All the Colors of Christmas – The second Matthew Paul Turner book on this list. No surprise here. Very beautiful book for Christmas that talks about the different colors that we find during this season, including ourselves as part of the beautiful picture.

How to Be an Antiracist – Ibram X. Kendi’s memoir-esque book about his journey to becoming more antiracist. It includes history and the people who inspired him along the way.

The House in the Cerulean Sea – This absolutely lovely book by TJ Klune is magical, fantastical, sweet, heartbreaking, and the closest thing to a perfect story. Linus Baker is a social worker who observes orphanages of magical creatures to see whether they are appropriately caring for their wards. When he is given a special assignment, his isolated, quiet life is turned upside-down in the most delightful way. Lucy was my favorite character.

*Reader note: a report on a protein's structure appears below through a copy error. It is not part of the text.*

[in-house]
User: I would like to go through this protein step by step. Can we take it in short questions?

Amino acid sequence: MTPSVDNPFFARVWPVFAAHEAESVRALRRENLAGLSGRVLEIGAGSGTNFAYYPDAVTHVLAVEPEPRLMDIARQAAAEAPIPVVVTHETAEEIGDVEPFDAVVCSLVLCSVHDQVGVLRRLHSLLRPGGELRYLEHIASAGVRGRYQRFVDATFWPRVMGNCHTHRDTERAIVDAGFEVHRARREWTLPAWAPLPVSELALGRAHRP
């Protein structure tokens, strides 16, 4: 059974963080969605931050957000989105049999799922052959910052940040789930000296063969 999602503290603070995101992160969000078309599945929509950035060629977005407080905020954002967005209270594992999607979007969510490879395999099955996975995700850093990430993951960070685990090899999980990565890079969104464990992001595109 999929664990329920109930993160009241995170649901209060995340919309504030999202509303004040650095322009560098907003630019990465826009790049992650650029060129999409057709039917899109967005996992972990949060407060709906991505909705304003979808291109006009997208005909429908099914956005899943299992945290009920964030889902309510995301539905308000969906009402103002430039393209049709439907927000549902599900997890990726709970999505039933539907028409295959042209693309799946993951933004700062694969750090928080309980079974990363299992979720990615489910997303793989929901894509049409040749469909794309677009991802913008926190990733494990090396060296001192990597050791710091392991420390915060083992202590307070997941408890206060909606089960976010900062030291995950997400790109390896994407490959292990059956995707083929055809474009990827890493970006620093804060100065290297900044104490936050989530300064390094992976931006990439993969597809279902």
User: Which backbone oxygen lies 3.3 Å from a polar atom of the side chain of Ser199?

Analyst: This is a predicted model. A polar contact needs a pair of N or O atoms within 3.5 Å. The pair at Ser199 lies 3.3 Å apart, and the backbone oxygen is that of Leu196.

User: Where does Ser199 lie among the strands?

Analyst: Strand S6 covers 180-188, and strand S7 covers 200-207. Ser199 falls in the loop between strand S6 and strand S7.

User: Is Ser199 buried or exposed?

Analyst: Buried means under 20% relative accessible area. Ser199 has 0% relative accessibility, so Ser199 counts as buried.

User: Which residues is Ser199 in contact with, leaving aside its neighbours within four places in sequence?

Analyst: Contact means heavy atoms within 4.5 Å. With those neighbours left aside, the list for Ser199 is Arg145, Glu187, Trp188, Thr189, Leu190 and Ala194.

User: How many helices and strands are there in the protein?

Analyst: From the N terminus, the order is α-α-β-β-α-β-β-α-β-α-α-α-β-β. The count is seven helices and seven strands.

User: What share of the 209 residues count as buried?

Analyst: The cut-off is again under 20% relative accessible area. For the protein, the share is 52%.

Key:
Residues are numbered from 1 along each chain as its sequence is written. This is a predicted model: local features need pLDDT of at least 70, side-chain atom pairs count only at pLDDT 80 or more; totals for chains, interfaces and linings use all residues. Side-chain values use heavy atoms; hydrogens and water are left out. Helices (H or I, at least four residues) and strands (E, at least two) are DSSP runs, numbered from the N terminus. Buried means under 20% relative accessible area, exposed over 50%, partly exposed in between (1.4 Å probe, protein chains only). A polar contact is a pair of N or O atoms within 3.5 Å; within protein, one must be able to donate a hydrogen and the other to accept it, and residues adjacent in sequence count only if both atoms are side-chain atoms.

Middlegame – A Seanan McGuire alchemical story about two people created as counterparts to each other and how they try to stop the end of the world. Beautiful, hopeful and heartbreaking.

What are some of your 5 star books this year?

Books of January

In the past, I posted book reviews on Mondays, but I think I might do something different this year.  I realized that there was pressure to post, at least for me, during the months I didn’t have as much reading time or I was in a reading slump.  For now, I’m just going to give a brief overview of the books I read in January.  I did pretty good for January, finishing five books.

The Self-Evolved Leader by Dave McKeown – This was given to me to review by the author.  I’m not sure why I was chosen since I don’t actually lead a team in this season of life, but I still managed to have a few takeaways to incorporate in my own life, particularly the interpersonal relationships.  It was a solid four stars for me.